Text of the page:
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[jgit-dev] Update on JGit on DHT

I may be giving up on the concept of putting JGit on a DHT. I just
can't find any DHT that can handle the read traffic caused by the
schema, and a clone request for the linux-2.6 repository (2 million
objects / 400 MB).

What *may* work is putting the standard Git pack file and index file
onto a high-latency "filesystem"... and ensuring the Git process has a
bunch of memory available for caching. I simulated a filesystem with a
1 MB block read latency of 500-2000ms... if the linux-2.6 repository
is fully repacked, and we have ~1 GB of cache, a cold-cache clone can
still run in a matter of minutes. (Compared to the DHT stuff I
submitted before, where it may be 15-30 minutes!)

I am starting to suspect that I made some pretty poor design decisions
with the current DHT schema. The OBJECT_INDEX table is too expensive
to use during clone. The CHUNK table is very complicated to write
(look at the number of lines of code in DhtPackParser and
ChunkFormatter ~ 2000!), and even more complex to read (2055 spread
over 7 classes).

Yesterday I started a new DFS (distributed file system) storage
implementation for JGit. I'll get the files posted soon-ish, but its
essentially an Amazon S3 compatible API for the underlying storage
layer, storing native Git pack and index files. Most of the code is
the local storage provider trimmed down (WindowCache, PackFile,
PackIndex). I implemented my own read-ahead (220 lines of code), as I
assume the underlying storage system has no caching or read-ahead
capability. It turns out this is pretty effective.

I think the major difference between this "DFS" storage code, and the
native local one, is we abstract the entire file IO so it can be
pluggable (e.g. REST-ish HTTP like S3), we don't support loose
objects, and we have to tolerate lower-level limitations like a
writable file cannot seek back and overwrite prior regions (this has
implications for completing a thin pack received over the network).
The "DFS" code also does not try to keep files open while they are
being accessed, it assumes a file handle is actually just a thunk to
construct an HTTP byte-range request on demand. Therefore unlike POSIX
where keeping the file handle open ensures we can always access the
file (even it it was unlinked by a concurrent GC), the "DFS" code has
to make other arrangements to ensure object data is accessible.

The PackIndex code is shared with the local code (yay!), but I had to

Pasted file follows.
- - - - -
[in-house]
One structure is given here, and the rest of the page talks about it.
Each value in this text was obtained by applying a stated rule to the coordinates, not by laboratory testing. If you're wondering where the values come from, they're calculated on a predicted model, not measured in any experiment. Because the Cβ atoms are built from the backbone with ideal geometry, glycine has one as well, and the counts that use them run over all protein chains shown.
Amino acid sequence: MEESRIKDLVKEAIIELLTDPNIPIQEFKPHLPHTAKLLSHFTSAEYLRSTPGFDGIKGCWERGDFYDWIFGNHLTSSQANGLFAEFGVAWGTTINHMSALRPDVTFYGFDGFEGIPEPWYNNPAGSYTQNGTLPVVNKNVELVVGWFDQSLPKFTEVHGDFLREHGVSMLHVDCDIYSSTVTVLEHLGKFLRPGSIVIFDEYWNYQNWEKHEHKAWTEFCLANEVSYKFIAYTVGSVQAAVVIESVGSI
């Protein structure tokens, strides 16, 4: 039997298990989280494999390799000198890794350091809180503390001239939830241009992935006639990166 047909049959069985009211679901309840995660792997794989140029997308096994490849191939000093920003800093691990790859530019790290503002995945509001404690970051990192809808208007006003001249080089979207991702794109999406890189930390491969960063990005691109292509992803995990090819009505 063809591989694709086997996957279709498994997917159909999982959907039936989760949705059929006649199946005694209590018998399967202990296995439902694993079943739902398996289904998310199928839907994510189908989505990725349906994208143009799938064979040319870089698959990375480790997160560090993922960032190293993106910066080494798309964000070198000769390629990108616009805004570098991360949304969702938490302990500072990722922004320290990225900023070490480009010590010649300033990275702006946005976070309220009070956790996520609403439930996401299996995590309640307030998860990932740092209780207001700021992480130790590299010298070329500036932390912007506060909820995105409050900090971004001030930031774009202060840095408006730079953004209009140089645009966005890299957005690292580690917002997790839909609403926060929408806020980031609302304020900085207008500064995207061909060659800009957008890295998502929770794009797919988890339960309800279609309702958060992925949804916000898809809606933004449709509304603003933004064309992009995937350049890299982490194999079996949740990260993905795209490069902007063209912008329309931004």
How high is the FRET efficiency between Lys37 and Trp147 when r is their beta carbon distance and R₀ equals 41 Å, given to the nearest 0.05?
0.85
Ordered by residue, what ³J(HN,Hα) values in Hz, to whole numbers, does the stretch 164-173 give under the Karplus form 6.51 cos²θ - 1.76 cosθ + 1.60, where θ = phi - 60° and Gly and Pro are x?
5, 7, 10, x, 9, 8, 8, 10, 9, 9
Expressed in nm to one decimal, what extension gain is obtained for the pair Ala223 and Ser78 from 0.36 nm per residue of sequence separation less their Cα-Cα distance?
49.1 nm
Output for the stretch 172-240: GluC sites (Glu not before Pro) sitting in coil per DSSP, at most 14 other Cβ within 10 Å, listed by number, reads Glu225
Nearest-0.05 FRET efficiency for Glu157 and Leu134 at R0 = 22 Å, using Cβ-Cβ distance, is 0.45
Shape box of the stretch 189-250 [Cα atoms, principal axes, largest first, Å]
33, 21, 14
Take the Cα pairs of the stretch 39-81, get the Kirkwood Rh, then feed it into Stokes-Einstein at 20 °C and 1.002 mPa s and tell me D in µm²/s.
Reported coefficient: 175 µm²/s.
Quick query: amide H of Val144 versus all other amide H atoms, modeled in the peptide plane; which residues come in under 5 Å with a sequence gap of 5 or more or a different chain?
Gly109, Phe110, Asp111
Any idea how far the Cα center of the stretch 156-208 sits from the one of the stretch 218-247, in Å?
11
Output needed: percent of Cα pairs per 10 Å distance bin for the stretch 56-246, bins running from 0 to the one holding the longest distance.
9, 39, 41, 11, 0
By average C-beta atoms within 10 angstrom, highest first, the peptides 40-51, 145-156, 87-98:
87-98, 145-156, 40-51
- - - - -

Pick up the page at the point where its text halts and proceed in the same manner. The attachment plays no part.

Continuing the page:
duplicate WindowCache and PackFile. So little has changed though that
I may be able to refactor most things into a base class. Unfortunately
we use a lot of package-access methods/members between the PackFile
and its siblings WindowCache and WindowCursor, making it hard to move
WindowCache/PackFile into a common shared package without exposing
internals I don't want to expose.

There are a few other differences that may actually be worth
back-porting to the local file storage code. The "DFS" ObjectReader
looks up objects in the pack index files, then sorts them by pack and
offset before accessing them for things like getObjectSize(Iterable)
and selectObjectRepresentation(). On the local filesystem when data is
<1ms (if in kernel buffer cache) or <20ms (when cold cache), doing the
extra allocations required to presort these doesn't seem useful. But
when you have a 1 MB read latency of 2000ms, its incredibly helpful.
For what's worth, C Git does this sorting step. Their equivalent of
PackWriter (pack-objects.c) has the data structure organized to keep
this pack/offset data inside of the ObjectToPack and can sort the
entire array in-place using quicksort() pretty rapidly.

Anyway... right now I am certainly leaning towards deleting most (if
not all of) the DHT package and trying something else. Especially if
it would be shorter code (currently its 10,000 lines shorter!  5754
for "DFS' vs. 15841 for DHT) and we could share more code. Nearly 2000
lines of DFS's 5754 should be shared with the current local code if I
can allow myself to open up some current internals of WindowCache and


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